If all the solar incident on Mars were to be captured with 100% efficiency, then Mars would warm to Earth-like temperatures in about 10 years. However, the efficiency of the greenhouse effect is plausibly about 10%, thus the time it would take to warm Mars would be ~100 years. This assumes, of course, adequate production of super greenhouse gases over that entire time. The super greenhouse gases desired for use on Mars would be per fluorinated compounds (PFCs) as these are not toxic, do not destroy ozone, will resist degradation by ultraviolet life, and are composed of elements (C, S, and F) that are present on Mars. Fluorine has been detected on Mars by Curiosity.

The Warming Phase of a terraforming project on Mars results in a planet with a thick CO2 atmosphere. The thickness is determined by the total releasable CO2 present on Mars.

The temperatures would become well above freezing and liquid water is common. An Earth-like hydrological cycle is maintained. Photosynthetic organisms can be introduced as conditions warm and organic biomass is thus produced. A rich flora and fauna are present. A natural result of this is the biological consumption of the nitrate and perchlorate in the.

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Mar 4, 2017

Stellaris: Utopia “Path to Ascension” Release Date Reveal Trailer

Posted by in categories: biological, habitats, space

Would you like to know more? http://pdxint.at/2mvFVSx

Stellaris: Utopia brings even greater depth and variety to a game already celebrated for its story-telling power and near endless possibilities. Are you ready for perfection?

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Feb 23, 2017

Artificial intelligence in quantum systems, too

Posted by in categories: biological, quantum physics, robotics/AI

Quantum biomimetics consists of reproducing in quantum systems certain properties exclusive to living organisms. Researchers at University of the Basque Country have imitated natural selection, learning and memory in a new study. The mechanisms developed could give quantum computation a boost and facilitate the learning process in machines.

Unai Alvarez-Rodriguez is a researcher in the Quantum Technologies for Information Science (QUTIS) research group attached to the UPV/EHU’s Department of Physical Chemistry, and an expert in information technologies. Quantum information technology uses quantum phenomena to encode computational tasks. Unlike classical computation, quantum computation “has the advantage of not being limited to producing registers in values of zero and one,” he said. Qubits, the equivalent of bits in classical computation, can take values of zero, one or both at the same time, a phenomenon known as superposition, which “gives quantum systems the possibility of performing much more complex operations, establishing a computational parallel on a quantum level, and offering better results than classical computation systems,” he added.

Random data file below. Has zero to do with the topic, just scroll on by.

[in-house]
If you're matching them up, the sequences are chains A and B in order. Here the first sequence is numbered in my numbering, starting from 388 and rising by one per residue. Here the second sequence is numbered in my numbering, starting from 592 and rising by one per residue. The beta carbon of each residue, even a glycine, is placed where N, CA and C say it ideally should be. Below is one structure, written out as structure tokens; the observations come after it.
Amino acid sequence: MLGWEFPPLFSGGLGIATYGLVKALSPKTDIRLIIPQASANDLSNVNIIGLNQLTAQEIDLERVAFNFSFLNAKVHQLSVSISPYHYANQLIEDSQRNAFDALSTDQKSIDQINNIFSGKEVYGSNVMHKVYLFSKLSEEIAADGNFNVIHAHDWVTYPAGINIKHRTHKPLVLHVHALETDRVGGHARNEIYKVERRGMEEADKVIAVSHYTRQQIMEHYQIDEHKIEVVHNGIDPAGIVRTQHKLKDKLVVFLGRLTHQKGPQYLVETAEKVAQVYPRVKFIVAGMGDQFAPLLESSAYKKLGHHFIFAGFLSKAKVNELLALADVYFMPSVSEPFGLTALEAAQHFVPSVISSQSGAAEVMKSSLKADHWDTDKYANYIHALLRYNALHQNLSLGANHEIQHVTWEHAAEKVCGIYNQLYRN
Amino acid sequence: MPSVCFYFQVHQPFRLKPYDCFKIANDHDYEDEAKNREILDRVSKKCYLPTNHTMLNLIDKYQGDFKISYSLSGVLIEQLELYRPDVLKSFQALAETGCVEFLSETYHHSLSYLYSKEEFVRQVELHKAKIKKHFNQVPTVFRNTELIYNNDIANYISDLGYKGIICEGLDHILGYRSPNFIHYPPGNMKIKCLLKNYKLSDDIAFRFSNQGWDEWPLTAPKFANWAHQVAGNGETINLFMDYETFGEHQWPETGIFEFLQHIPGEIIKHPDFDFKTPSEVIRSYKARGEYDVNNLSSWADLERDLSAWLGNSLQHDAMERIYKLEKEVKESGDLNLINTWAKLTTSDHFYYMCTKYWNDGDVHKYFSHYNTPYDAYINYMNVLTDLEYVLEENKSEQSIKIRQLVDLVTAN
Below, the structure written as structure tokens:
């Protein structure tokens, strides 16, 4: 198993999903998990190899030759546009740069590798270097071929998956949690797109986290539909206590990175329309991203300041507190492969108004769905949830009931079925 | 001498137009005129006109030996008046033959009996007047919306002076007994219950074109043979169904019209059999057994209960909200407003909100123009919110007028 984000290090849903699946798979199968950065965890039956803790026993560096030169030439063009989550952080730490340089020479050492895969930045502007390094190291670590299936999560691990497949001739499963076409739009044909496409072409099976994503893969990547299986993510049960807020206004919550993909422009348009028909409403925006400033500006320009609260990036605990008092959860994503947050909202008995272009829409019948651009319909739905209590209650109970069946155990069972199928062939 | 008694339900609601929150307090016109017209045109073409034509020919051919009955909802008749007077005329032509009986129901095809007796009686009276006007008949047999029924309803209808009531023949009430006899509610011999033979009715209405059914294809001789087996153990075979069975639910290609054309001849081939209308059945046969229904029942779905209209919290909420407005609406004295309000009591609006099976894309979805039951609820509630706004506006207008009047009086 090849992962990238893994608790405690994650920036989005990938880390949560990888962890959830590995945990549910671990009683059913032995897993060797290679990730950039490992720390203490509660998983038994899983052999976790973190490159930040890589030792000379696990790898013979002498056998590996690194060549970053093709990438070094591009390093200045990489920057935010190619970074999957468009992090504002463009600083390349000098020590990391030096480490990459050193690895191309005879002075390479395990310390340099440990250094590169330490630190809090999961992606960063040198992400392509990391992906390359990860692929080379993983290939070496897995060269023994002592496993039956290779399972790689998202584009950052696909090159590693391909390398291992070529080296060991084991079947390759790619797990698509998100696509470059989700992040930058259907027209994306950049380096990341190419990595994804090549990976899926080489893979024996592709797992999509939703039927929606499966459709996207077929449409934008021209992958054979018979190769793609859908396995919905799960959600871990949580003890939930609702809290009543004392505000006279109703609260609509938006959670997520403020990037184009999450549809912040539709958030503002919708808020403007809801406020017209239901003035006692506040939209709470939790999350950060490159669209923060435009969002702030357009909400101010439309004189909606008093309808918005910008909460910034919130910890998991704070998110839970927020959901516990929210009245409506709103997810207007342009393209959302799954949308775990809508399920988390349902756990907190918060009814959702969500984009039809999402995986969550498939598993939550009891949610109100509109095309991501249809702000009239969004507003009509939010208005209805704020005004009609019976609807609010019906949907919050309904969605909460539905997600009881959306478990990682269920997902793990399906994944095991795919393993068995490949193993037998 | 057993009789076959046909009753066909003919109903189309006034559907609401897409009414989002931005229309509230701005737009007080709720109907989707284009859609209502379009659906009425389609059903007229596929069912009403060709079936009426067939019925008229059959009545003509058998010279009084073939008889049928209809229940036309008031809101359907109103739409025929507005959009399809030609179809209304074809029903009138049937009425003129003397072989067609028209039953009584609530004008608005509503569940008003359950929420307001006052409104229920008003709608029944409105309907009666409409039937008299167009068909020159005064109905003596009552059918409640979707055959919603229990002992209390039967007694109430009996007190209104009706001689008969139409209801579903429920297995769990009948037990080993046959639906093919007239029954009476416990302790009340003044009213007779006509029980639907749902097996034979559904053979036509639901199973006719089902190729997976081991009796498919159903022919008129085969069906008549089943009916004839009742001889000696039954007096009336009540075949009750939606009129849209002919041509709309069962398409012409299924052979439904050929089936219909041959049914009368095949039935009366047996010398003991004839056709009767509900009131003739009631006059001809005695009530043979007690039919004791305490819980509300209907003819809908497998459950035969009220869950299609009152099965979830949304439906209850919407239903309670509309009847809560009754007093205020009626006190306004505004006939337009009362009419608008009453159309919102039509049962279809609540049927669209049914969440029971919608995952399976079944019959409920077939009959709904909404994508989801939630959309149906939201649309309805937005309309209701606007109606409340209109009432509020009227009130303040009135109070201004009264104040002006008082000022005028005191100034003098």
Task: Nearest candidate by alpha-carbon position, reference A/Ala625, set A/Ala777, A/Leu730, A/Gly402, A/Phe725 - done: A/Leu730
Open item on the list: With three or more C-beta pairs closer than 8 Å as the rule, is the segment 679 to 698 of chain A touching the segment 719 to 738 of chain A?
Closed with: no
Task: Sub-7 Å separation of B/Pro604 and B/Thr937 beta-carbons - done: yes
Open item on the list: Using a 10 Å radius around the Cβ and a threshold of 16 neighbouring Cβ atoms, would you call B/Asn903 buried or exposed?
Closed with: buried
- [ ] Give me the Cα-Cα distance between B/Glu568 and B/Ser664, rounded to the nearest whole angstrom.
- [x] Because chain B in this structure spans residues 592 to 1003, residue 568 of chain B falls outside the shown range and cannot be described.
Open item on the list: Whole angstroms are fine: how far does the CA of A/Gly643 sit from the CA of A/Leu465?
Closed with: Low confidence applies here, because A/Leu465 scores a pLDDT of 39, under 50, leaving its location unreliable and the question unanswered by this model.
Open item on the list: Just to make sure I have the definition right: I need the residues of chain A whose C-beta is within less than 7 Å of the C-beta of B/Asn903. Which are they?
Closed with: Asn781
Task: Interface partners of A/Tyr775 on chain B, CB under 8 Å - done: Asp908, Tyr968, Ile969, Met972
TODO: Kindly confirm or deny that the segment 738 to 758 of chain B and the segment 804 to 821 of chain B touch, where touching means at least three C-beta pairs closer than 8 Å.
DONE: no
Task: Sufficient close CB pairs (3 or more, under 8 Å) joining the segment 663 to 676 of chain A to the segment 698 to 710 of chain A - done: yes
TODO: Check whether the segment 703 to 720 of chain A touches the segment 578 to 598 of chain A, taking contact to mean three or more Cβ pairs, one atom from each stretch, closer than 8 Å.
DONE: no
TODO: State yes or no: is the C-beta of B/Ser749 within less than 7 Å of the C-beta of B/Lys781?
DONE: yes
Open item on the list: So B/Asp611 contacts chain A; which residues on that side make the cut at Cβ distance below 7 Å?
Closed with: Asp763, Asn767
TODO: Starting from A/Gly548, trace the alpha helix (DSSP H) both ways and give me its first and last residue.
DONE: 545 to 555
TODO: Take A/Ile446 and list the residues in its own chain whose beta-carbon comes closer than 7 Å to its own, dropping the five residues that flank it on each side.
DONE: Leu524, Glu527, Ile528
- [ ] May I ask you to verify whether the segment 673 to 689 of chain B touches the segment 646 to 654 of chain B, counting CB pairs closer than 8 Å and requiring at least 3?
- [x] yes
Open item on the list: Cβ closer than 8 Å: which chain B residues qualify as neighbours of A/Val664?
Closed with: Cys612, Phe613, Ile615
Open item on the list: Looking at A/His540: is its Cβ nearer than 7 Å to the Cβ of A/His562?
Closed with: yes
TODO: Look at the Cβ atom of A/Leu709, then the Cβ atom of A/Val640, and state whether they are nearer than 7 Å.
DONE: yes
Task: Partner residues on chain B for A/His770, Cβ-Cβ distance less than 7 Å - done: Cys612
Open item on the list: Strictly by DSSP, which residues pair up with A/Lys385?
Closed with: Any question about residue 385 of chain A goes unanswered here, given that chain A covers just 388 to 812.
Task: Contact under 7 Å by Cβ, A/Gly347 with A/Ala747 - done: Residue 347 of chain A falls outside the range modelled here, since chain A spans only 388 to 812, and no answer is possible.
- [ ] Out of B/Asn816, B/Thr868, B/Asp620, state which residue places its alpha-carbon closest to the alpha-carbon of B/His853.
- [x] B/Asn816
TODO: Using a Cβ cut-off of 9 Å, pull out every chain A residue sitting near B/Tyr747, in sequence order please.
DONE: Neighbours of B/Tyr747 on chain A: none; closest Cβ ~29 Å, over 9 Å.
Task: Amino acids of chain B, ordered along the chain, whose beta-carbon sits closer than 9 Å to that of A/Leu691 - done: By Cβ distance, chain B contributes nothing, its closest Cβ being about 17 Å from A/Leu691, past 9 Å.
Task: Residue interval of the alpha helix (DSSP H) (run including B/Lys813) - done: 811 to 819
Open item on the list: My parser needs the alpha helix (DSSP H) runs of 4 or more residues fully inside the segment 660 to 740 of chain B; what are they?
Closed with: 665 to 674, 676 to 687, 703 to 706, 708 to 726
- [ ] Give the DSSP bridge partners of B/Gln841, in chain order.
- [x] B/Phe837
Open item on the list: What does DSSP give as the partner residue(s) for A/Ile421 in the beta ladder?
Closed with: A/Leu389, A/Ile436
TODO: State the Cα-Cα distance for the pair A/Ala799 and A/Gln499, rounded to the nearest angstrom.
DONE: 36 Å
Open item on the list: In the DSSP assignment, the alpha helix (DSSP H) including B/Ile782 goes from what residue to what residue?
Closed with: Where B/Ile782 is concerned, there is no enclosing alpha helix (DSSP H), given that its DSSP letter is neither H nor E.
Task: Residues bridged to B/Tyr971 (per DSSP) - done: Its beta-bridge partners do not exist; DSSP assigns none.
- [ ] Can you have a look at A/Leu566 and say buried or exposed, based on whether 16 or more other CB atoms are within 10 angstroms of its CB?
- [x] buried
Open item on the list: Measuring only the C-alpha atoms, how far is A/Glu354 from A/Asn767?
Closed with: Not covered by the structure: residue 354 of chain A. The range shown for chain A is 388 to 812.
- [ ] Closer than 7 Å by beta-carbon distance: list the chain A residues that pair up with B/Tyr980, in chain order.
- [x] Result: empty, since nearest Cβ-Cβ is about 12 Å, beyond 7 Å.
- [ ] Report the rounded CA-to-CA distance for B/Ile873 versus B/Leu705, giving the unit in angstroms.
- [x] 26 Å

The research group to which Alvarez-Rodriguez belongs decided to focus on imitating biological processes. “We thought it would be interesting to create systems capable of emulating certain properties exclusive of living entities. In other words, we were seeking to design protocols whose dynamics were analogous to these properties.” The processes they chose to imitate by means of quantum simulators were natural selection, memory and intelligence. This led them to develop the concept of quantum biomimetics.

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Feb 21, 2017

NI Science Festival

Posted by in categories: biological, computing, food, neuroscience, quantum physics, science, space

Combines, space, poetry, optics, stories, TV, cognitive computing, atomic food safety, astrophysics and quantum biology in a fun-packed programme for everyone.

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Feb 20, 2017

Tiny 3D-printed lenses will help robots see like eagles

Posted by in categories: 3D printing, biological, robotics/AI

In many ways, the human eye is nothing like a digital camera. Our eyes don’t have a fixed frame rate or resolution; there’s no consistent color reproduction, and we have literal, sizable blind spots. But, these optic inconsistencies — found in every biological eye — are the product of natural selection, and offer a number of benefits which scientists working in digital vision can take advantage of.

Case in point is a new type of 3D-printed lens created by researchers from the University of Stuttgart in Germany. Each lens is made from plastic and is no bigger than a grain of salt. But, their size is only one aspect of their cleverness. The real innovation here is that the lenses mimic the action of the “fovea,” a key physiological feature of the eyes of humans and eagles, that allows for for speedier image processing.